World marathon record holder Eliud Kipchoge will have the support of a 41-strong team of pacesetters in his bid to break the two-hour barrier for the distance.
The Kenyan missed out on the elusive target by just 25 seconds in his first attempt in Monza two years ago.
Although the attempt will not stand as an official record because it is not in open competition and it uses rotating pacesetters, British Olympian Sebastian Coe, who heads the International Association of Athletics Federations (IAAF), says it will still be an important milestone.
Nobody has ever run 26.2 miles quicker than him and quite possibly nobody ever will.
I’ve been trying for a decade and the fastest I’ve clocked is 3:22:43.
The Olympic champion and world record holder is perhaps the only person on earth capable of even thinking about it seriously, let alone trying to do it.
But on Saturday in Vienna, after six solid months of gruelling preparation, he will give it his all. He will be running around The Prater, Vienna’s famous park.
After the poor attendances at the World Championships in Doha over the past couple of weeks, athletics needs a boost, something inspirational and positive.
Step forward the softly-spoken Kenyan superstar.
I first met Eliud in Ol Pejeta in rural Kenya on 5 August 2018.
My training partner Liz Winton (if you’ve ever seen the runner in the rhino costume at the London Marathon, that’s her) and I had just finished our fifth marathon in five days and incredibly, Kipchoge had come down to present the medals.
We were utterly exhausted, but I’ll never forget the ripple of exhilaration at seeing arguably the greatest athlete ever standing there with medals for us.
He was training for the Berlin marathon and didn’t leave until every single runner had crossed the line and received their medal from him.
I struggled to put into words how much this meant to amateurs like us. Kipchoge turned to me and said: “My friend, no human is limited.”
A few weeks later we watched in awe on television as he won in Berlin in 2:01:39 and smashed a full minute and 18 seconds off the previous world record. (Another Kipchoge quote struck me that day as he cruised over the line, smiling: “The strongest thing is a peaceful mind”).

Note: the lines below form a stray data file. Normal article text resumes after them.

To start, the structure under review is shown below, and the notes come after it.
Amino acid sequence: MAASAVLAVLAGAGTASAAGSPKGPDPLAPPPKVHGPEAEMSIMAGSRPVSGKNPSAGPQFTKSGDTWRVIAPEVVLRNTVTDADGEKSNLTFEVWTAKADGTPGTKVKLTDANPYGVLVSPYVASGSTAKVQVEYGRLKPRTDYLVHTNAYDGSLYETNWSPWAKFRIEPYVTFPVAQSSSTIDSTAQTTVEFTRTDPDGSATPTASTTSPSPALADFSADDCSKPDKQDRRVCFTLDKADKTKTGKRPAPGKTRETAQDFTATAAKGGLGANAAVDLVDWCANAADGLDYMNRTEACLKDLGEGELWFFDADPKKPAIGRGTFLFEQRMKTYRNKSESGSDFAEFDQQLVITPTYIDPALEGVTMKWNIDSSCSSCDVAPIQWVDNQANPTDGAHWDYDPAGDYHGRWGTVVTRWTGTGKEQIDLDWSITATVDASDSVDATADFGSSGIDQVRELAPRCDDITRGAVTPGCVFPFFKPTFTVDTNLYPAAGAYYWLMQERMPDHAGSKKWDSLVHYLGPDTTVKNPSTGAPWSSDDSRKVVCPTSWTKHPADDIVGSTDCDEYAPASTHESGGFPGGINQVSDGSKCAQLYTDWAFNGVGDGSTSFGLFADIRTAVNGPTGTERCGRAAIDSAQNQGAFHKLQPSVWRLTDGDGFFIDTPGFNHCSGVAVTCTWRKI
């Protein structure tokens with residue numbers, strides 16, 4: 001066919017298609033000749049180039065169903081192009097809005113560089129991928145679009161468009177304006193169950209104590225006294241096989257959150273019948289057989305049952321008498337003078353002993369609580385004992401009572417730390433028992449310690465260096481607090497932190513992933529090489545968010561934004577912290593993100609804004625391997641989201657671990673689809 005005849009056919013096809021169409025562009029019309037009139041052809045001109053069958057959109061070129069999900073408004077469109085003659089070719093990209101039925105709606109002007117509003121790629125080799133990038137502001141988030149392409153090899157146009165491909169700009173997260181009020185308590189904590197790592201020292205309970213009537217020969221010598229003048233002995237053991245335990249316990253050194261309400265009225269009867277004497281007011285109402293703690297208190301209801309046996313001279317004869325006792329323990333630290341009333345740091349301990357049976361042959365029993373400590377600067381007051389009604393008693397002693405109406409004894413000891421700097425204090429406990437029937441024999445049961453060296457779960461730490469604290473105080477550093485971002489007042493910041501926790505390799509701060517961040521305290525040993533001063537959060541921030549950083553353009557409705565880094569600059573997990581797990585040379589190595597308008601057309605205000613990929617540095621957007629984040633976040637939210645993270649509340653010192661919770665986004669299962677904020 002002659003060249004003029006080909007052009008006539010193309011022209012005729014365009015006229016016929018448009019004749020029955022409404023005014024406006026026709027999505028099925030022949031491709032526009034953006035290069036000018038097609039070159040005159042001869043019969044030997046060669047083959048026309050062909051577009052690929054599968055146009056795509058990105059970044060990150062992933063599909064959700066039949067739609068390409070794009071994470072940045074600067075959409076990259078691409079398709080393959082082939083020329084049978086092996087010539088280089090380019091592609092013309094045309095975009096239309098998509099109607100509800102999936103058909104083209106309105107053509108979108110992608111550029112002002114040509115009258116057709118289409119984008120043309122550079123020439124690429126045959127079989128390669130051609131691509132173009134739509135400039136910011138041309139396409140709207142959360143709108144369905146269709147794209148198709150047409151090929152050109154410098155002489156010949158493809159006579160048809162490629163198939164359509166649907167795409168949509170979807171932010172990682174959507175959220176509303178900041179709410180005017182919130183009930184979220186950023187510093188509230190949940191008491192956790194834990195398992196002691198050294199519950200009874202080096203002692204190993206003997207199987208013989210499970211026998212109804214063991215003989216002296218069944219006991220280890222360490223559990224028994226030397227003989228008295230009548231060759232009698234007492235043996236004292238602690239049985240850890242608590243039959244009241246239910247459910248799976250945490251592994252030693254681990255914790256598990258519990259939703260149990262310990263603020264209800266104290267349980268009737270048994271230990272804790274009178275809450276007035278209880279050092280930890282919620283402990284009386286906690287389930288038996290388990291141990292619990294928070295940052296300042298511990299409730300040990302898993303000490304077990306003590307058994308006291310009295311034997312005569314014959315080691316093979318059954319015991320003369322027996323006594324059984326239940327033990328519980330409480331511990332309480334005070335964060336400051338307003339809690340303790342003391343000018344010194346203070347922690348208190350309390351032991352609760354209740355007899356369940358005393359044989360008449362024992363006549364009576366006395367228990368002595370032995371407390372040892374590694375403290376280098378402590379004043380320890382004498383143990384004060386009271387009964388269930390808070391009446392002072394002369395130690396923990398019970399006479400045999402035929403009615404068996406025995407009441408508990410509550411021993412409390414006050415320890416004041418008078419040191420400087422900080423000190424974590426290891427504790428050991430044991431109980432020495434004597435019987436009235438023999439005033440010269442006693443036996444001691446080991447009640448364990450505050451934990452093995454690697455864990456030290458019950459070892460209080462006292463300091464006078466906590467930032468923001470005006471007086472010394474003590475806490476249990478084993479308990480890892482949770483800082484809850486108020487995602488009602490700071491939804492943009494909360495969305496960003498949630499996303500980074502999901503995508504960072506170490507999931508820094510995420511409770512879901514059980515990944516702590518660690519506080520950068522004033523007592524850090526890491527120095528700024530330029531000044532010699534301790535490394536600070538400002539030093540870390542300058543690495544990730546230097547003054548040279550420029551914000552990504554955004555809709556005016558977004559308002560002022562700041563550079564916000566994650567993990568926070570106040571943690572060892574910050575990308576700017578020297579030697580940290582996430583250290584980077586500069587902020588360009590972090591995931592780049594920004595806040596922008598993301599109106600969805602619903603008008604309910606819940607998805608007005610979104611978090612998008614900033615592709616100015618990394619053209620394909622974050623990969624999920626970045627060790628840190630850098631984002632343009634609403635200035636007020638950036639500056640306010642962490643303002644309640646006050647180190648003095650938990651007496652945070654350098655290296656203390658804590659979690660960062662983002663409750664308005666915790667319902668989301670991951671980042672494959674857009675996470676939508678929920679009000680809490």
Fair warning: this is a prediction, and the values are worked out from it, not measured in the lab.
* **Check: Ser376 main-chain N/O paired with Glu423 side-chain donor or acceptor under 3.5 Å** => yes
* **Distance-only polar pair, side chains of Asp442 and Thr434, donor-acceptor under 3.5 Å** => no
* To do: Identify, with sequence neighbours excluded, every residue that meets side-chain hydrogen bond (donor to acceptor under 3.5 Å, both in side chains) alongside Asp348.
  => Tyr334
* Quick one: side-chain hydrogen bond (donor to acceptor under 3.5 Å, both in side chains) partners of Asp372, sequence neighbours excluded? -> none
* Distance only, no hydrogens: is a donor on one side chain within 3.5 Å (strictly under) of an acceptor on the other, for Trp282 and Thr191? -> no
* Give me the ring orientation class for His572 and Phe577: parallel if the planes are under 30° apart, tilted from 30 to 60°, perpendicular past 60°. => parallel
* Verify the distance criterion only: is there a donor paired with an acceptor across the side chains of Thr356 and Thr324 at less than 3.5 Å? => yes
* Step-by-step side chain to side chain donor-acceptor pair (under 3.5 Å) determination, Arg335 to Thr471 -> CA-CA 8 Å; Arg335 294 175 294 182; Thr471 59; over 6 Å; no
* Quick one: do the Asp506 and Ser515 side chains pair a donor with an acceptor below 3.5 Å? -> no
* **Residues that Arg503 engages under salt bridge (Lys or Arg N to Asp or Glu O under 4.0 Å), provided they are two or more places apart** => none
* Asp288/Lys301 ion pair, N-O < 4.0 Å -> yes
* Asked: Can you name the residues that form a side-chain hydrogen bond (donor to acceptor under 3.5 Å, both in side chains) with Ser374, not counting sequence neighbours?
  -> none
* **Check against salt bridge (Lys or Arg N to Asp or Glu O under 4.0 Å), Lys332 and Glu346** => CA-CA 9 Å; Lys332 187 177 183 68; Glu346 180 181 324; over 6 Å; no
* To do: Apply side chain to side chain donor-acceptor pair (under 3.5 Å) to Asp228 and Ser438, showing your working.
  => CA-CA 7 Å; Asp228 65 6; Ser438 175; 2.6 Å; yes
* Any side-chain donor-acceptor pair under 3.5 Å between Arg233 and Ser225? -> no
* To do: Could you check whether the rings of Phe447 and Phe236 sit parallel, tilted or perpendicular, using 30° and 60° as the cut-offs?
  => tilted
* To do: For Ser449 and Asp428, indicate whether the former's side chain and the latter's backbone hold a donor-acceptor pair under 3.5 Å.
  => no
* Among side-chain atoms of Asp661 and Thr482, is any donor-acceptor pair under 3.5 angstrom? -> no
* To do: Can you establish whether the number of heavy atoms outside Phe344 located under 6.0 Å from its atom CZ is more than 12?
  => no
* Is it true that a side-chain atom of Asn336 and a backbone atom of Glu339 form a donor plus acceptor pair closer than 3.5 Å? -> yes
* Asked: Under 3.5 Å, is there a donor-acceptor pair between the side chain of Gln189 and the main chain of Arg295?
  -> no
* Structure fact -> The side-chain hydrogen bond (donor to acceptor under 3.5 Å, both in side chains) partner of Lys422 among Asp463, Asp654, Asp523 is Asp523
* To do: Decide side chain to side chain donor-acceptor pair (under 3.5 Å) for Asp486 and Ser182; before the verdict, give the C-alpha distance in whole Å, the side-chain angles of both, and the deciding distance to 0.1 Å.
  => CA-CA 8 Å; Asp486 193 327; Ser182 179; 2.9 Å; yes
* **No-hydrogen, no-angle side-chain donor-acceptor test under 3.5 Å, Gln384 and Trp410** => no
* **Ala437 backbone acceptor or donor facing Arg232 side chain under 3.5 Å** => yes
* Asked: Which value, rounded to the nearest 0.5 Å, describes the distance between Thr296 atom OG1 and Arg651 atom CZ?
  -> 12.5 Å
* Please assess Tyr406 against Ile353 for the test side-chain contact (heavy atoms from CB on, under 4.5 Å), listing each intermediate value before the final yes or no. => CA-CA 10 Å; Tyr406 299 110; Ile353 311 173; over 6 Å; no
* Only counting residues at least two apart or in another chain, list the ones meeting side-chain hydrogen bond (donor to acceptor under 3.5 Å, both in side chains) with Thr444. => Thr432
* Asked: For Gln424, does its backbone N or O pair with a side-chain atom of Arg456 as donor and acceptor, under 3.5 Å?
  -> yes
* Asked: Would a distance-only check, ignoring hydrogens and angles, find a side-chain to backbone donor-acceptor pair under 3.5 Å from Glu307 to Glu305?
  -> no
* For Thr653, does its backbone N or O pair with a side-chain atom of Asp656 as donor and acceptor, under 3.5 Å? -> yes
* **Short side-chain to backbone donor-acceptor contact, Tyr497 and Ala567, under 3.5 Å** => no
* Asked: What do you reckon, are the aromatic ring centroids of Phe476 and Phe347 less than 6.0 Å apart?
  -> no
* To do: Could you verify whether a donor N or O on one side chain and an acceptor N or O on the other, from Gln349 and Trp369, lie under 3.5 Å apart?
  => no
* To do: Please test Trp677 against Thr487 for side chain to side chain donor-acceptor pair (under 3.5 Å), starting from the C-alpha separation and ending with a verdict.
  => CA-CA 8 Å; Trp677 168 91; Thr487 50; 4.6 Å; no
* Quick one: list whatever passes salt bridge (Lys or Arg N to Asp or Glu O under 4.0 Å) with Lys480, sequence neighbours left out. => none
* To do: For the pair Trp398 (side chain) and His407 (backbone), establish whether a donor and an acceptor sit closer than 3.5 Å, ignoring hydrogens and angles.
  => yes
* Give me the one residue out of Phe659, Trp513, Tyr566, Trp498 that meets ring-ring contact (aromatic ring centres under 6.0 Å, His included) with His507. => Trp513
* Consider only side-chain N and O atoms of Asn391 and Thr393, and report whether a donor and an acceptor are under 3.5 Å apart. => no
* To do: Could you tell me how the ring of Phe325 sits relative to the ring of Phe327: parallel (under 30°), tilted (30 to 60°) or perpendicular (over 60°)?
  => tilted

Now he’s going to try break two hours for the marathon.
It’s the holy grail of running and Kipchoge is pretty much the only person alive capable of doing it.
He tried before in Monza, northern Italy and recorded a time of 2:00:25. If he can find an extra second per mile, over 26.2 miles, he’ll be talked about forever.
Kipchoge’s superhuman marathon bid will be greatest show on Earth
It won’t be an official world record if he does it because he’ll be running with pace-makers who will drop in and drop out after running five kilometres at a time.
Put simply, nobody in the world can run at Kipchoge pace for too long.
The last time we met was in April at the running track in Oxford where Sir Roger Bannister broke the four-minute mile all those years ago.
He had just won the London marathon for a fourth time and wanted to see where Bannister had made history.
It was a privilege watching Kipchoge breathe in the Oxford air and pose with the very stopwatch that had been used to time the legendary British runner.
Kipchoge is a voracious reader and a keen student of running history.
In between training sessions at his base near Eldoret in Kenya, he has prepared for Saturday’s race by reading a biography of Nelson Mandela, written by his grandson Ndaba Mandela.
It was Mandela who came out with the phrase “it is only impossible until it is done”. They are words that could have been written just for Eliud Kipchoge and his audacious bid for running immortality.
I’ll be at the finish line on Saturday in Vienna, ready to report on what happens. Forgive me if I borrow that “no human is limited” quote as he crosses the line.